Tom -We know little about the visual acuity in aphids. What we know is that they perceive yellow and some species are attracted to yellow surfaces (which is often used for catching them in pest control). From work done by others I know that the only aphid species that has been studied is not sensitive to red light. This would explain why they did not react to colour. But there might also be differences between species.
    Here in Europe the timing seems pretty acurate. Several aphid species migrate during leaf colour changes. However, for the skeptics among us, there are obviously a number of other aphid species which migrate earlier or not migrate at all.

    As for the production of red pigments: the trees produce them actively, but there are a number of adaptive explanations that do not include defence against aphdis (e.g., protection of photosynthetic tissue and reducing oxidative stress).

  19. #19 mark
    November 14, 2006

    I wonder what, if any, relationships exist between fall leaf color and the color of flowers and fruits.

  20. #20 Carolyn
    December 4, 2006

    So how does any of this explain why oaks and beeches hold their dried-up copper and brown leaves for most or all of the winter?

  21. #21 Steviepinhead
    December 5, 2006

    First, let me say, Carolyn, that I have absolutely no idea!

    But I rather doubt that whatever evolutionary–or other–mechanisms explain the change of color in leaves would directly explain the retention of leaves.

    The latter sounds more like it might have something to do with providing/retaining a certain type of nutrition–or conceivably, parasite or disease prevention–around the base of the tree in the spring which might be lost if the leaves were released to the whim of the winds, snow, and weather in the fall or winter. I guess insulation might also be a possibility–I don’t know if leafless oaks and beeches are possibly more cold-susceptible than, say, maples and birches…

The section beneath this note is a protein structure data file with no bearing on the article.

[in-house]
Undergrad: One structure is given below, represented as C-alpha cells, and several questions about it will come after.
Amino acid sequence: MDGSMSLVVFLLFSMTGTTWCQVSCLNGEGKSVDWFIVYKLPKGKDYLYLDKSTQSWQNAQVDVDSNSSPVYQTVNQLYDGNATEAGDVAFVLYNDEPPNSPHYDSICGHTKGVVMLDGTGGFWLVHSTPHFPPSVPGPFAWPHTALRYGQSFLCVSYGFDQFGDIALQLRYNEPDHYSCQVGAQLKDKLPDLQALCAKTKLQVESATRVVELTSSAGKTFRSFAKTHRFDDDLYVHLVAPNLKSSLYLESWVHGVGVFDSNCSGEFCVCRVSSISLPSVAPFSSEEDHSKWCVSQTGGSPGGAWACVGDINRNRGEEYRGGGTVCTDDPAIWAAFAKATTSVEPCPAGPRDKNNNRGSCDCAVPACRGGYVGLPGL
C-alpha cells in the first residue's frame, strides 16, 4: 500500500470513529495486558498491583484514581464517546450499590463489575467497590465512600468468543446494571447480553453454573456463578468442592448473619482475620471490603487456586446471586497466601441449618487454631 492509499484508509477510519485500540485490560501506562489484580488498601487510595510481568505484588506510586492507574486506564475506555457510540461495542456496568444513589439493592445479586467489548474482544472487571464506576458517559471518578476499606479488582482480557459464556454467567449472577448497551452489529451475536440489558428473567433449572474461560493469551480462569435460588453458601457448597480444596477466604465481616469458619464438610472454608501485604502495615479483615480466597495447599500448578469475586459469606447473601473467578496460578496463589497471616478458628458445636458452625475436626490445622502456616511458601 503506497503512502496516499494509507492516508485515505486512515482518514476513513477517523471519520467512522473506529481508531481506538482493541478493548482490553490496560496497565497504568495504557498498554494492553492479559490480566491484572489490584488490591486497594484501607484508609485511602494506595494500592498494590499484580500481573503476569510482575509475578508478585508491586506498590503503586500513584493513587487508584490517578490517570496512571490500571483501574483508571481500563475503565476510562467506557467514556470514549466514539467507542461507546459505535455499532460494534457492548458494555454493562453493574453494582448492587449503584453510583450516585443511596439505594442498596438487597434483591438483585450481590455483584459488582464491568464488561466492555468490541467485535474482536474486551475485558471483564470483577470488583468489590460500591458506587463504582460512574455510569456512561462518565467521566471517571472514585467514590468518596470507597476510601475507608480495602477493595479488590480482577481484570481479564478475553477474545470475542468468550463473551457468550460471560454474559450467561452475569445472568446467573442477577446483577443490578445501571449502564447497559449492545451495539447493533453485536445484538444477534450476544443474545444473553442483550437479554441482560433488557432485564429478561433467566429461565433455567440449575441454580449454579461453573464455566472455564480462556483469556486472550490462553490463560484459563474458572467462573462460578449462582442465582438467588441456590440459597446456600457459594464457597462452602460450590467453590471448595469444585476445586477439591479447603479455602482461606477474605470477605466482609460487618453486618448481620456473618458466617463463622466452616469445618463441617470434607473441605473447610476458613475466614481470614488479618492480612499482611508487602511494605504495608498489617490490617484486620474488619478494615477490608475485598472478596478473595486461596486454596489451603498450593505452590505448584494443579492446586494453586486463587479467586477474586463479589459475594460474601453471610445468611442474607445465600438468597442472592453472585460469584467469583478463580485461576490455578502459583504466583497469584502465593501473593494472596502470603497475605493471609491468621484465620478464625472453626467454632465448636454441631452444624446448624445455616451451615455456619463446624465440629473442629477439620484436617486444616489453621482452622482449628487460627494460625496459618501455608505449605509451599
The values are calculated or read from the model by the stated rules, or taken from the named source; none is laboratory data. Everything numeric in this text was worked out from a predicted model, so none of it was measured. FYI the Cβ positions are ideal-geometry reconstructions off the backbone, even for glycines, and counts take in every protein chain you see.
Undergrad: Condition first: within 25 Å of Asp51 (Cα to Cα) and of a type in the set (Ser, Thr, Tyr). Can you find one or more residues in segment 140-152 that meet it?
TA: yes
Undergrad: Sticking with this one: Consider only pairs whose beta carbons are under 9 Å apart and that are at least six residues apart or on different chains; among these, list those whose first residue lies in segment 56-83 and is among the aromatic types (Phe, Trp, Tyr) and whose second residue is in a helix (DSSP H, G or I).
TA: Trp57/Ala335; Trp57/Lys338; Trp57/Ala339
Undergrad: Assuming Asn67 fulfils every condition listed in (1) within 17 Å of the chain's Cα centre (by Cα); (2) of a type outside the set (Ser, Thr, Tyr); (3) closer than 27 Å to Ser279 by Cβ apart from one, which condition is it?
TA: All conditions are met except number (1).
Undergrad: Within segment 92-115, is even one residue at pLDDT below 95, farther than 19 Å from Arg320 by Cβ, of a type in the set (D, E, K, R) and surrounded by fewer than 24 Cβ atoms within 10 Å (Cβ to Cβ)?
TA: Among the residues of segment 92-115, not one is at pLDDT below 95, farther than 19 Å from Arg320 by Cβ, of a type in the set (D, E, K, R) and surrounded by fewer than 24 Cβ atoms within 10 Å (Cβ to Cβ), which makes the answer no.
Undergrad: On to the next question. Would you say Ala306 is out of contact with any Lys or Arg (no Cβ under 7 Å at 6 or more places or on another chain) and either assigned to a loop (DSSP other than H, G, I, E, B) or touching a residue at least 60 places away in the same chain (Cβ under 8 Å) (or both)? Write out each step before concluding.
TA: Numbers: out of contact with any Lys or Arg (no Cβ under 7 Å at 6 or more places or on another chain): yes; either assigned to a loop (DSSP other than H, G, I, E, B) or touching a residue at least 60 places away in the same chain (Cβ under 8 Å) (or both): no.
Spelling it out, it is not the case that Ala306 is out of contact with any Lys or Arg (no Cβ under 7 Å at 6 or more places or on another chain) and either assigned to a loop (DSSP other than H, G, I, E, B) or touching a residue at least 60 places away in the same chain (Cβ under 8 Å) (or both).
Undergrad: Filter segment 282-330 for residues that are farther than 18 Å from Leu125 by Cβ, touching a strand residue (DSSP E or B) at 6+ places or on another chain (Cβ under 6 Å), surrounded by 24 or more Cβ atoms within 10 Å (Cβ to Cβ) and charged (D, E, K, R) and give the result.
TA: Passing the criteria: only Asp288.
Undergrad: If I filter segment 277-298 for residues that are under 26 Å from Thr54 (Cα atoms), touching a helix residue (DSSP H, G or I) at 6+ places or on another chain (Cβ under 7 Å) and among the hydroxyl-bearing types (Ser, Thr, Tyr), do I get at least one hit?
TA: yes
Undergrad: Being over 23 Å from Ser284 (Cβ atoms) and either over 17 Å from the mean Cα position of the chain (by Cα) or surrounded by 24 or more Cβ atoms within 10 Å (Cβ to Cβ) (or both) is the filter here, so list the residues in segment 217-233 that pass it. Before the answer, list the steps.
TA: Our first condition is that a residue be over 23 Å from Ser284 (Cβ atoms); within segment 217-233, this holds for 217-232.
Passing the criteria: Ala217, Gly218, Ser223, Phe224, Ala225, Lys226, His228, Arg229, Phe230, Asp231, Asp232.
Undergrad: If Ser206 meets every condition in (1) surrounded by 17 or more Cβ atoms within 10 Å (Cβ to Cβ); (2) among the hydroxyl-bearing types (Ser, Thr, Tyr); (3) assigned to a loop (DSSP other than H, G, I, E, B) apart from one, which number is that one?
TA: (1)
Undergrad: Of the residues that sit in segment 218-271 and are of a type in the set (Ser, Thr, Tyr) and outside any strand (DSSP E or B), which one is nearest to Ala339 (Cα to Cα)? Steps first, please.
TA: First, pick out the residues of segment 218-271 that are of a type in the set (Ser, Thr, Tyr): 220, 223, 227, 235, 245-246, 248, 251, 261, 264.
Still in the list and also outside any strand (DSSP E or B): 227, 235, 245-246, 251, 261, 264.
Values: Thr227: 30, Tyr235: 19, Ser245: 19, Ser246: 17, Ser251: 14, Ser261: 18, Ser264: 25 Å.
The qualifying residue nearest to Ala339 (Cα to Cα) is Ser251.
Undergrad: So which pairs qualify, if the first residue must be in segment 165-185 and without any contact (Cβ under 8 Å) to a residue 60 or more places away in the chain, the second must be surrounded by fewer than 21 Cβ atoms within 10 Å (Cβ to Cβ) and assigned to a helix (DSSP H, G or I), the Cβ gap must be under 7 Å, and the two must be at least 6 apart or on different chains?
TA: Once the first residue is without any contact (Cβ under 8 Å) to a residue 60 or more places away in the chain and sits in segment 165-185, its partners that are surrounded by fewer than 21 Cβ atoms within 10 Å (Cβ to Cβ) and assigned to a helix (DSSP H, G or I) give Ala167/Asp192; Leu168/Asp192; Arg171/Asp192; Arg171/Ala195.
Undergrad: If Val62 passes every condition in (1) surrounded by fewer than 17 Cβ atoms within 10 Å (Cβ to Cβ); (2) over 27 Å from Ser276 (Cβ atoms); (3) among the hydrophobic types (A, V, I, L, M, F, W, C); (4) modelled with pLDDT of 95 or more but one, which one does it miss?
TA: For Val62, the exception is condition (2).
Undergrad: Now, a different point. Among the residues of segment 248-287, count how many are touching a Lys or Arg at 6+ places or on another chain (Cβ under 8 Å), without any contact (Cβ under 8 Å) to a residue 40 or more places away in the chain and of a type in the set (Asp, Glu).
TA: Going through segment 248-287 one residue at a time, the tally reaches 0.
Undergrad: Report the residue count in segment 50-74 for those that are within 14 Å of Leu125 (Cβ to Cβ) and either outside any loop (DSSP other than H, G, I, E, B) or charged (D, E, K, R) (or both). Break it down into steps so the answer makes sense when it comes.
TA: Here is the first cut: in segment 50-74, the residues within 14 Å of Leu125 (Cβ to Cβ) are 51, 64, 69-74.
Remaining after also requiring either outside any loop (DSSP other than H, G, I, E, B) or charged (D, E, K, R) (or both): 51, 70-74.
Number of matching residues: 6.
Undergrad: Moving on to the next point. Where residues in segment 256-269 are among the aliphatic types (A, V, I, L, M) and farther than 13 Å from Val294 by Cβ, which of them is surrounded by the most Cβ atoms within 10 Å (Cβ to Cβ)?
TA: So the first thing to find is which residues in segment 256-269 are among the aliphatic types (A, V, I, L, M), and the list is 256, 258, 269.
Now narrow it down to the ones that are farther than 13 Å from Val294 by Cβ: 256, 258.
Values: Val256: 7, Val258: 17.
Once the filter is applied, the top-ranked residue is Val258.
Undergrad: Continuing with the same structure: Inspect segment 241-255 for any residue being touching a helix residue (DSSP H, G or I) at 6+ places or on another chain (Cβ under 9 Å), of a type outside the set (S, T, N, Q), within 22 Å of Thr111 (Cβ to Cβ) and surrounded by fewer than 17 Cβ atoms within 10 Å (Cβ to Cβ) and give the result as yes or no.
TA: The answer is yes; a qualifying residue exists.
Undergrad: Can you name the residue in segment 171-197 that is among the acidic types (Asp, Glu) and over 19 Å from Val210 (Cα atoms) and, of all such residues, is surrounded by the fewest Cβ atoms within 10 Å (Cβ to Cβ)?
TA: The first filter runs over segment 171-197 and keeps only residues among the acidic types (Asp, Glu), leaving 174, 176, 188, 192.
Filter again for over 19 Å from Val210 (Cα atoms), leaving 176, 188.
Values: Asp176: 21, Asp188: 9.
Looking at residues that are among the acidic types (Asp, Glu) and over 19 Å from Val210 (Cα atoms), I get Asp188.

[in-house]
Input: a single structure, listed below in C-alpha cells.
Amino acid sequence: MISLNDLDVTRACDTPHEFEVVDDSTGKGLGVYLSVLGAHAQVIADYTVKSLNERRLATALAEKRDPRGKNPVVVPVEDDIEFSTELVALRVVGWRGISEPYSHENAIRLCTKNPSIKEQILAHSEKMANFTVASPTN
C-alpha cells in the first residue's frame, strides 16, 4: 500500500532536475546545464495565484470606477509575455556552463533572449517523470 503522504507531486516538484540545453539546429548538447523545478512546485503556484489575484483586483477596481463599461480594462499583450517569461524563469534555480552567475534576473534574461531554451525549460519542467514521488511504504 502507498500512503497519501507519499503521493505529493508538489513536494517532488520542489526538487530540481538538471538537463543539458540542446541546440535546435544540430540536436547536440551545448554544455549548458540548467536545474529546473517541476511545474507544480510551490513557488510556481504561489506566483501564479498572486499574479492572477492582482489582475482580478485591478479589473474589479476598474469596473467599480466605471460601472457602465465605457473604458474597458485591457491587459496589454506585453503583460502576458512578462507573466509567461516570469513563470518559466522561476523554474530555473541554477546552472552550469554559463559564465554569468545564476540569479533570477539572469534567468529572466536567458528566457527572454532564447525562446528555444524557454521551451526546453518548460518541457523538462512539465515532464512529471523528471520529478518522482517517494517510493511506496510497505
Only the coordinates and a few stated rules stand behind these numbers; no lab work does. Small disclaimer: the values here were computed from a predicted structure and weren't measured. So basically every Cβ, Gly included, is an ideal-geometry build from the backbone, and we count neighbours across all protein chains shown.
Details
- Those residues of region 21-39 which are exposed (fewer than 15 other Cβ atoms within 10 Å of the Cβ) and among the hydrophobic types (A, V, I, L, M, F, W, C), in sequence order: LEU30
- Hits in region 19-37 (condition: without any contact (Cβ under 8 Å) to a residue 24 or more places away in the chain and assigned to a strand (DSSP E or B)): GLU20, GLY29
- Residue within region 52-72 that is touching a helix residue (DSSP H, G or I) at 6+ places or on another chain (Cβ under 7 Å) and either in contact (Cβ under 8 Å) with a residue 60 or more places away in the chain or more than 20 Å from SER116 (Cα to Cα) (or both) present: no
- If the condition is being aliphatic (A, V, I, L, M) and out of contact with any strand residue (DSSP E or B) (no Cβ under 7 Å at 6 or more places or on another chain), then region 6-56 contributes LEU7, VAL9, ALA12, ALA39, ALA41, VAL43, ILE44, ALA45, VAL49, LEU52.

(It’s possible, I suppose, that the reverse is true: that is, that leaves retained over the winter are less likely to contribute to the soil structure or chemistry around the base of the tree, depending again on the affect of wind, weather, etc. This would flip my speculations around, but I would suspect some of the same factors might be involved, but with the “signs” reversed.)

    While the “parasite” notion sounds superficially similar to some of what has been discussed regarding leaf color changes, I suspect that diseases or parasites affecting the base of the tree–where I’m assuming the winter-retained leaves preferentially wind up (or preferentially don’t wind up, see the parenthetical paragraph…), with some sort of differential impact on the soil structure or chemistry–would be different from those attacking the trunk and branches.

    These are, again, the merest speculations. Scientists who actually know something about trees and leaves would have to pursue these and other notions, filter them through what is known about leaf-detachment mechanisms, the species involved, etc., etc., and then decide which speculations might fruitfully advance to the testible hypothesis stage…

  22. #22 Jeremy
    December 12, 2006

    From someone who knows nothing about this subject, I will throw in a couple of unresearched ideas I’ve been pondering since reading about this some time ago. Here are two hypotheses:

    1) Isn’t chlorophyl broken down and reabsorbed by the tree? Maybe this triggers the production of the yellow pigment. And maybe the yellow pigment, has nothing to do directly with photosynthasis and is really a trigger to cause the leaf to detatch from the tree.

    2) Maybe the photosynthesis conducted by the yellow pigment isn’t to support the tree, but maybe some process within the leaf itself. Perhaps it aids the leaf in drying out, therefor minimizing the risk of rotten green follage at the base of the tree.